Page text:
“Worker safety is a big issue for me.”
I made a FOIA request regarding injuries. If I am reading the chart correctly there has been one recycling route injury per year for the past four years. No one has died. Recycling workers are on the curb side with a truck between them and traffic, unlike our Water Dept., Street Dept., Fire Dept. and Police Dept. personnel who are often, out in traffic.
“Severe weather is one of my concerns regarding curb sort collection.”
I agree and think it’s great when citizens are so compassionate as to keep their container inside during severe weather. Citizens who make an occasional trip to a drop off center get the opportunity to learn something new from the guys who maintain them.
“I would much rather our workers be indoors at a facility.”
Would you like to be totally suited up, standing in the same spot for eight hours, with all kinds of nasty stuff passing two feet beneath YOUR face? Baling up materials, even in sorted recycling facility, is filthy, nasty, gross work with lots of dust.
“Our current curb sort program is workable for single-family homes.”
It sure is and it can be enhanced and made more cost effective, with a paradigm shift.
“With more apartments, cluster housing, and commercial businesses wanting to recycle, our existing system isn’t capable of scaling up to handle the volume.”
So, choosing a system initiated by the garbage hauling industry, an industry dependent on increased volumes rather than reduction, choosing a system that contaminates, devalues our recyclables, choosing a system susceptible to fraud…that’s a good idea?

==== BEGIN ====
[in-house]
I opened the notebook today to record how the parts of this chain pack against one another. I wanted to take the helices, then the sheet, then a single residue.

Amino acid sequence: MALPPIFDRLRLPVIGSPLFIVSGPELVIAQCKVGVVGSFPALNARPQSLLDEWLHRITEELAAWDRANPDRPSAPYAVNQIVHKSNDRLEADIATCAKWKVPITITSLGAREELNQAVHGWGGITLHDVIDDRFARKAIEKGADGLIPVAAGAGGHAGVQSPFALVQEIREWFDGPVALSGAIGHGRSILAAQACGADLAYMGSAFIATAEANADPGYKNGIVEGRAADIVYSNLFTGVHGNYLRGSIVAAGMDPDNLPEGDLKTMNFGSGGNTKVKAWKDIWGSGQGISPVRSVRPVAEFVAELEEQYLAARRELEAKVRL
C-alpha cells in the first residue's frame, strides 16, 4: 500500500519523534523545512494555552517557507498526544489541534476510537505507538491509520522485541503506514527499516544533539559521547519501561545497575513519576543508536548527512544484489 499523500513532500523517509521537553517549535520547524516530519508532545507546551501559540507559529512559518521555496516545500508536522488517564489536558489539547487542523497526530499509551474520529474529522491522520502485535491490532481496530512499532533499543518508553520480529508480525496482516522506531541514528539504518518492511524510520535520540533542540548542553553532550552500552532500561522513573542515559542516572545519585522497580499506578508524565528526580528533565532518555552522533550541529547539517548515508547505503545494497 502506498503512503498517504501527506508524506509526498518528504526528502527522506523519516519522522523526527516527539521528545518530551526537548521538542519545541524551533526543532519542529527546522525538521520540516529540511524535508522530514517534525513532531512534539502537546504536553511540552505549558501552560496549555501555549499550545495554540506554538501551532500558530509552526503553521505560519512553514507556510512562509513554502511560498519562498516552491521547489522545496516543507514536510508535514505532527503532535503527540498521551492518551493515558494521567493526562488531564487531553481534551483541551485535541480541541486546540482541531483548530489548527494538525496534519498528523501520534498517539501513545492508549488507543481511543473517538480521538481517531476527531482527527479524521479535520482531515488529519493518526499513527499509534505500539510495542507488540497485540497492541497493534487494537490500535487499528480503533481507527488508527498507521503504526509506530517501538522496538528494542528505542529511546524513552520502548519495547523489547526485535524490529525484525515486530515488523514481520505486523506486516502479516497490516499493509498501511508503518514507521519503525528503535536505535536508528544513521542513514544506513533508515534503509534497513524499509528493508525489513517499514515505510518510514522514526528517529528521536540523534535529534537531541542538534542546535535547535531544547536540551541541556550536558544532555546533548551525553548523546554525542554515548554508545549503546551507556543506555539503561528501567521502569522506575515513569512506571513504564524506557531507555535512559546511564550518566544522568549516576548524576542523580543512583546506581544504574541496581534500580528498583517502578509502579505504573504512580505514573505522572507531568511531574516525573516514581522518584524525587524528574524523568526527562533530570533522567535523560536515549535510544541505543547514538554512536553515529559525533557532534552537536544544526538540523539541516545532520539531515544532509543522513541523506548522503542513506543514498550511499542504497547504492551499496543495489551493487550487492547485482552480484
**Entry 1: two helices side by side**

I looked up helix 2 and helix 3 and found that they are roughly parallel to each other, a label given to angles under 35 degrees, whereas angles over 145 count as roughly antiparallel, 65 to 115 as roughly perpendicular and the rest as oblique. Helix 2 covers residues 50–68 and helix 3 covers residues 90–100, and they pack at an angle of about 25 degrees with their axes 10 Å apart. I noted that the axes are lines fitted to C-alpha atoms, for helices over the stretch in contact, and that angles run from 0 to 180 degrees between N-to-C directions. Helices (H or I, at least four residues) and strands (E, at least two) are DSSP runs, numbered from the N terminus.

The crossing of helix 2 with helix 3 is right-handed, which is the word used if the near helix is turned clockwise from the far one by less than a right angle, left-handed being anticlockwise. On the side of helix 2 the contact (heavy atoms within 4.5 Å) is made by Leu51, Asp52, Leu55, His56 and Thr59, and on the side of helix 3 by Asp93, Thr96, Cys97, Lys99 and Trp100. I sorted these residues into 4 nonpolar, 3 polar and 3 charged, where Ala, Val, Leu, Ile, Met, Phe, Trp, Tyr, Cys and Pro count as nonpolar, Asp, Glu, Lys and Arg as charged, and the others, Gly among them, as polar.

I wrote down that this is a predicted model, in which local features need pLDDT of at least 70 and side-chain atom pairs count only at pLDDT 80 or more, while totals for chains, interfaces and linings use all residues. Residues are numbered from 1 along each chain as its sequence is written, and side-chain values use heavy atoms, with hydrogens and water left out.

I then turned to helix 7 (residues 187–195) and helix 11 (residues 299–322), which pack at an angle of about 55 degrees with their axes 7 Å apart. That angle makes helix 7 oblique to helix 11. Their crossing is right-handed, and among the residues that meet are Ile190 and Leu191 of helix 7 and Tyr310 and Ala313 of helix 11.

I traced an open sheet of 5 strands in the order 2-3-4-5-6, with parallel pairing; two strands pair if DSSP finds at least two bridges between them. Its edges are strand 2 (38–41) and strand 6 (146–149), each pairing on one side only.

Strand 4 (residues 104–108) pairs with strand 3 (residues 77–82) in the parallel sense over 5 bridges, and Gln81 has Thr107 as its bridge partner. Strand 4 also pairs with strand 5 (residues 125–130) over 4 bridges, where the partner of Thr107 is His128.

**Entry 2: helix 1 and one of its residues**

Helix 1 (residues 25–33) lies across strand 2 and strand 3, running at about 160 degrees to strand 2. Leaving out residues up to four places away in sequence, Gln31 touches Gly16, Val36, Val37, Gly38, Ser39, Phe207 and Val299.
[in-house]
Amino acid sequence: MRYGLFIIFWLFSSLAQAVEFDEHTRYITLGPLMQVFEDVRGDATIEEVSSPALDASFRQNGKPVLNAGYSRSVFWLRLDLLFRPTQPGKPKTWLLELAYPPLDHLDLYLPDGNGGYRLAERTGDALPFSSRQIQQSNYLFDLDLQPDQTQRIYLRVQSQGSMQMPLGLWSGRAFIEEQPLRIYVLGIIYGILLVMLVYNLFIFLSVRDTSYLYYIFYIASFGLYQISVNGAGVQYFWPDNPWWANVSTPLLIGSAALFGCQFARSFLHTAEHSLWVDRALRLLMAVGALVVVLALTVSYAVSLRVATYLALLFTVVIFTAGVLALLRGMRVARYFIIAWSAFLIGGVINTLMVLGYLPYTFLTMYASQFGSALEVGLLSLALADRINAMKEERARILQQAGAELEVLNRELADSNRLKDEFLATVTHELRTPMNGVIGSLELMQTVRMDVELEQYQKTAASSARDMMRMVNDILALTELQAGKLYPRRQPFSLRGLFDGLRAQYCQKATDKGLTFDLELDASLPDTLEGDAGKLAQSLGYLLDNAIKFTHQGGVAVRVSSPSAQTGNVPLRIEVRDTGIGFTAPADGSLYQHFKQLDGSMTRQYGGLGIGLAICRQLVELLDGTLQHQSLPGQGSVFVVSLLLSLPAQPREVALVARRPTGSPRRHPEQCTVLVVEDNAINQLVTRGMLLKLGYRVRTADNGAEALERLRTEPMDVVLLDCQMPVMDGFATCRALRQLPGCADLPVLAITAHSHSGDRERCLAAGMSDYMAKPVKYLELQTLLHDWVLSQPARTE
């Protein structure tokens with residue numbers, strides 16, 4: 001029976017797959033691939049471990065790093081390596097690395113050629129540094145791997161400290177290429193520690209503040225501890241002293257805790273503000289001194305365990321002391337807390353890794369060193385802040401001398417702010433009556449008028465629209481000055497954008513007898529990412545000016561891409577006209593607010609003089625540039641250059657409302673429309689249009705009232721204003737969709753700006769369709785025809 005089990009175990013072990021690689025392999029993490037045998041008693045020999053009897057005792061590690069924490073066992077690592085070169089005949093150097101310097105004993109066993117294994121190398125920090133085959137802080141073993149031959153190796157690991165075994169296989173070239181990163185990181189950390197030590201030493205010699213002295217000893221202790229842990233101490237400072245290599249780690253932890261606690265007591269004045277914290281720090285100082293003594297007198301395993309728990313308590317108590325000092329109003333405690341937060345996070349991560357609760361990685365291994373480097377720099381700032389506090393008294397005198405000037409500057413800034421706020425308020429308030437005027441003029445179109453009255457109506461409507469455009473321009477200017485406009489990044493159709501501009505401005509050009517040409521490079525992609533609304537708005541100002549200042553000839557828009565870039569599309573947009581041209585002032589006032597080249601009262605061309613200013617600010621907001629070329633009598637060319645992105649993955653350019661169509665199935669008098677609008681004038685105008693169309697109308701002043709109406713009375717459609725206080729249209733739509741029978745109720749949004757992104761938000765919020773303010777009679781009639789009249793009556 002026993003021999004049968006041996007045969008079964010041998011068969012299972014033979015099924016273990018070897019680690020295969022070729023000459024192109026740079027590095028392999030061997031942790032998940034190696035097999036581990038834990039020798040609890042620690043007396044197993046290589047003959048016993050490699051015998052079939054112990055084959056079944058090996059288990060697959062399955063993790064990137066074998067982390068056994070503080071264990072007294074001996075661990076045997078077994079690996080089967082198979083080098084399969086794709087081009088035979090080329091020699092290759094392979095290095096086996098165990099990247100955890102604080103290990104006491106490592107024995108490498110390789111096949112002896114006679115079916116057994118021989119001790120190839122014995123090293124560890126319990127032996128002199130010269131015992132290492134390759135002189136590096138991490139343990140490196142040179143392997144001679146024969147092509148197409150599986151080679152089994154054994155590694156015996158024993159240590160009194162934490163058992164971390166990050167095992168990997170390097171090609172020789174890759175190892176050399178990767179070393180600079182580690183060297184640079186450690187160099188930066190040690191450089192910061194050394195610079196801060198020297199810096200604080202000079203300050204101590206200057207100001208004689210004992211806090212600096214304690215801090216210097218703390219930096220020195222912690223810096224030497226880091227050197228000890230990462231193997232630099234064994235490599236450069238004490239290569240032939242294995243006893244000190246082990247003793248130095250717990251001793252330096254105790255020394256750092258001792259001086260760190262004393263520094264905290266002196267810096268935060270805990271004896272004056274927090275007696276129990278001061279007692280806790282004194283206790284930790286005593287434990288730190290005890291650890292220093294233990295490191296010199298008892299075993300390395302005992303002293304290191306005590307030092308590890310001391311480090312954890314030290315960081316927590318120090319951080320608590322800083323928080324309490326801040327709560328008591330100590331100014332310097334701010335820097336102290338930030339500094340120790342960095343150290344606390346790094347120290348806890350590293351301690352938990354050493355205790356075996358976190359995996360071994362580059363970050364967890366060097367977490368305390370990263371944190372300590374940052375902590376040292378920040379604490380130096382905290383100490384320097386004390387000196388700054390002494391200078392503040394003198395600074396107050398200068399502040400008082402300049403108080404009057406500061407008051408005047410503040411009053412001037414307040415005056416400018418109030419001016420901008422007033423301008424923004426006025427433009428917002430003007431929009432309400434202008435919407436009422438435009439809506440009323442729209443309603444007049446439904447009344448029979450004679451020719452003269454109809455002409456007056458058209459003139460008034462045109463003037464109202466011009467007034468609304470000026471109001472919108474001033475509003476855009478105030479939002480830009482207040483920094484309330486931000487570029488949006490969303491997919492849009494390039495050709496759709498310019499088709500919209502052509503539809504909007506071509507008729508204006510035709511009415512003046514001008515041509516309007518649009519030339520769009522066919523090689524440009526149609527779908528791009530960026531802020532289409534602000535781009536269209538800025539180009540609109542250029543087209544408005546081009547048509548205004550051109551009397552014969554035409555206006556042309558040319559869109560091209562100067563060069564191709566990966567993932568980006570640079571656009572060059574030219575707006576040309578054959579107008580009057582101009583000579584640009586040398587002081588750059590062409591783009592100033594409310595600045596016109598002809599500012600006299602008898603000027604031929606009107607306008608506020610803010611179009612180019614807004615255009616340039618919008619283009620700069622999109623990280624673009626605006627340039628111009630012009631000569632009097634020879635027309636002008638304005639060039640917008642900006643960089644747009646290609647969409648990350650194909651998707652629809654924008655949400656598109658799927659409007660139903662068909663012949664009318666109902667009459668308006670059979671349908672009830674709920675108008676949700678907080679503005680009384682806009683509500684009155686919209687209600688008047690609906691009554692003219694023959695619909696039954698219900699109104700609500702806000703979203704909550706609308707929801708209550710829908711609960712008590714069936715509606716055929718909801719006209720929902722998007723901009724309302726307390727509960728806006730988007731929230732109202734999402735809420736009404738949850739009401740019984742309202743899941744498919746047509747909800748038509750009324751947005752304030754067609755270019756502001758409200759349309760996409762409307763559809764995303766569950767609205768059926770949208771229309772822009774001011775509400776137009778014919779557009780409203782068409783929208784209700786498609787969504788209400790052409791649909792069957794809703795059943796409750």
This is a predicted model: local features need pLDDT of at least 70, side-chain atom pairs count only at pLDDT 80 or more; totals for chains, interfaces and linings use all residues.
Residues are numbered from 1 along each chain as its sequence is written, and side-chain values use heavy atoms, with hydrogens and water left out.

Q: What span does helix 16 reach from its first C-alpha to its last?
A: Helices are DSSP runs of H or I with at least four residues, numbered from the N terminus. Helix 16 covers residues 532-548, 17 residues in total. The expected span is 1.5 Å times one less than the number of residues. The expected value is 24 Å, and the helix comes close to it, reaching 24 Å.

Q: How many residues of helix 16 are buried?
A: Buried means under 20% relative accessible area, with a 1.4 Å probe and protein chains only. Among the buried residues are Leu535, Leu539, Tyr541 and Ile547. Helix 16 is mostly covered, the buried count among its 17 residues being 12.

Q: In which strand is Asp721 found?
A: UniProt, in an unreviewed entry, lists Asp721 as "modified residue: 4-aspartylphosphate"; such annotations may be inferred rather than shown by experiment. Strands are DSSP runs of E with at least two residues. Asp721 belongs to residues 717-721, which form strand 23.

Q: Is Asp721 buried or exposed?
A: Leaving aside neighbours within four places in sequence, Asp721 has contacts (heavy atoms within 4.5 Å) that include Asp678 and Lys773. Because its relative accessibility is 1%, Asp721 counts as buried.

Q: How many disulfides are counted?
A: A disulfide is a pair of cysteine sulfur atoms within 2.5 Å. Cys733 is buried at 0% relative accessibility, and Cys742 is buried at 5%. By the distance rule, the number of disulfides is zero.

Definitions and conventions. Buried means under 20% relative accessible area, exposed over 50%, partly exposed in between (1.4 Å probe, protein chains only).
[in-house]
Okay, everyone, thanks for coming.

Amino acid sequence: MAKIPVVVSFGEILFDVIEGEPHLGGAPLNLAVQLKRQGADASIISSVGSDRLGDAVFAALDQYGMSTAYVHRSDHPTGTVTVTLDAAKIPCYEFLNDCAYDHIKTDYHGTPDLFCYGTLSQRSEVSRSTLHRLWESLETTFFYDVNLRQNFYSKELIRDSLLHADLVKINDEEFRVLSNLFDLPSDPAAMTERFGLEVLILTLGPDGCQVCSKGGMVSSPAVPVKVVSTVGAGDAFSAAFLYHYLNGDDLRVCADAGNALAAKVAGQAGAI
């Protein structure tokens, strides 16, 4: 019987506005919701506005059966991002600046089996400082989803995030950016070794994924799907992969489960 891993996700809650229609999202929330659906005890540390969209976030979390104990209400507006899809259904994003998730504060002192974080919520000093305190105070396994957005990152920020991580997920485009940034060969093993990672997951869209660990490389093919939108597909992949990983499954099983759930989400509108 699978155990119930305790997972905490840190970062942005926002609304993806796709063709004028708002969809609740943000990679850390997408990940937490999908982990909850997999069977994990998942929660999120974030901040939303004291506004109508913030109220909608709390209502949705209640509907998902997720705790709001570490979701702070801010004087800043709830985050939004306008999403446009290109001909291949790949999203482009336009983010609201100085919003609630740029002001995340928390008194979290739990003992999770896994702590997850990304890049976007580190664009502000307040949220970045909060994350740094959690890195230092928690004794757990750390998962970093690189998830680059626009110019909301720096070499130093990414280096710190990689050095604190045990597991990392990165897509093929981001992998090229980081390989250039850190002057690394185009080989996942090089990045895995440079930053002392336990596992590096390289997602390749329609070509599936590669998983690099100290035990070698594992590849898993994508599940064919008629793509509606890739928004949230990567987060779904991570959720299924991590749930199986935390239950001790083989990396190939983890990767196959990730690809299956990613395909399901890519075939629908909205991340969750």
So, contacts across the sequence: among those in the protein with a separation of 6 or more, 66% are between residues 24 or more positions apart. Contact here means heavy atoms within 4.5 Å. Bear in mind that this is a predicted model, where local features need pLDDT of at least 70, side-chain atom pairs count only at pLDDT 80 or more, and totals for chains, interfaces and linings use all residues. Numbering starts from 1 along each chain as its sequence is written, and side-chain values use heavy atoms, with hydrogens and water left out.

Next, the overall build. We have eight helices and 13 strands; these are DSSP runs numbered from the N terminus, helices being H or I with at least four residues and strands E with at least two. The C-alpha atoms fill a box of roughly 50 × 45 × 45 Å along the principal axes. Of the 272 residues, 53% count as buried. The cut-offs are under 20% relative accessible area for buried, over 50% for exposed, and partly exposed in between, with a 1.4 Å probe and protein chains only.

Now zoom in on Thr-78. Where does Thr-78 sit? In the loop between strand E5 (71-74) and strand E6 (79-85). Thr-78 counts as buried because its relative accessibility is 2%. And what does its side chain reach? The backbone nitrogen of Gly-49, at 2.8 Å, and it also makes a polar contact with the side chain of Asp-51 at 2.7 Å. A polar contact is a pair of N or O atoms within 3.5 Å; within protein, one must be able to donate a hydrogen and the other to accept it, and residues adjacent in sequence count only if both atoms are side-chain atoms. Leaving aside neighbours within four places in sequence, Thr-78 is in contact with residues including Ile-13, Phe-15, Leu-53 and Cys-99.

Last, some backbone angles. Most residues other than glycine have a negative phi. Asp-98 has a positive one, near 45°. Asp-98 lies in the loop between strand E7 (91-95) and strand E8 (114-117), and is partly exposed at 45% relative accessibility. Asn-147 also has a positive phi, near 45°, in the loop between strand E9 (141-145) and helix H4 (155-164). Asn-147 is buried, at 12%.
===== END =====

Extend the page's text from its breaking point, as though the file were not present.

“We’ve experimented different ways to serve multi-family, but few people are willing to drive their recyclables to a drop-off center.”
This town has an infinite amount of creative talent. With a paradigm shift regarding approach, you can get people of all ages, engaged in serious sustainability. Single stream = superficial sustainability.
“We also see low participation rates when residents have to haul their recyclables to the far edge of the parking lot and sort them themselves.”
I worked with a community that had twice a week garbage collection. Yet, with education as the keystone of that program, people not only brought their recyclables to our drop off center, they continually volunteered their time to the overall project. An educational approach is very very different from an operational approach to recycling.
“Advantages of the single stream method outshine the disadvantages and solve several of the issues we are facing.”
Over the past year the chaos caused communities, by single stream has made news, especially the trade journals. Has your alderman done due diligence on single stream?
Waste Management Inc., was a key promoter of single stream. They, alone, have now closed 30 recycling facilities. They have raised rates while pulling glass from programs. Will Fayettteville follow the lead of garbage haulers when it comes to waste reduction/recycling? We need an Ordinance.
Click the link for a: 4 minute video on single stream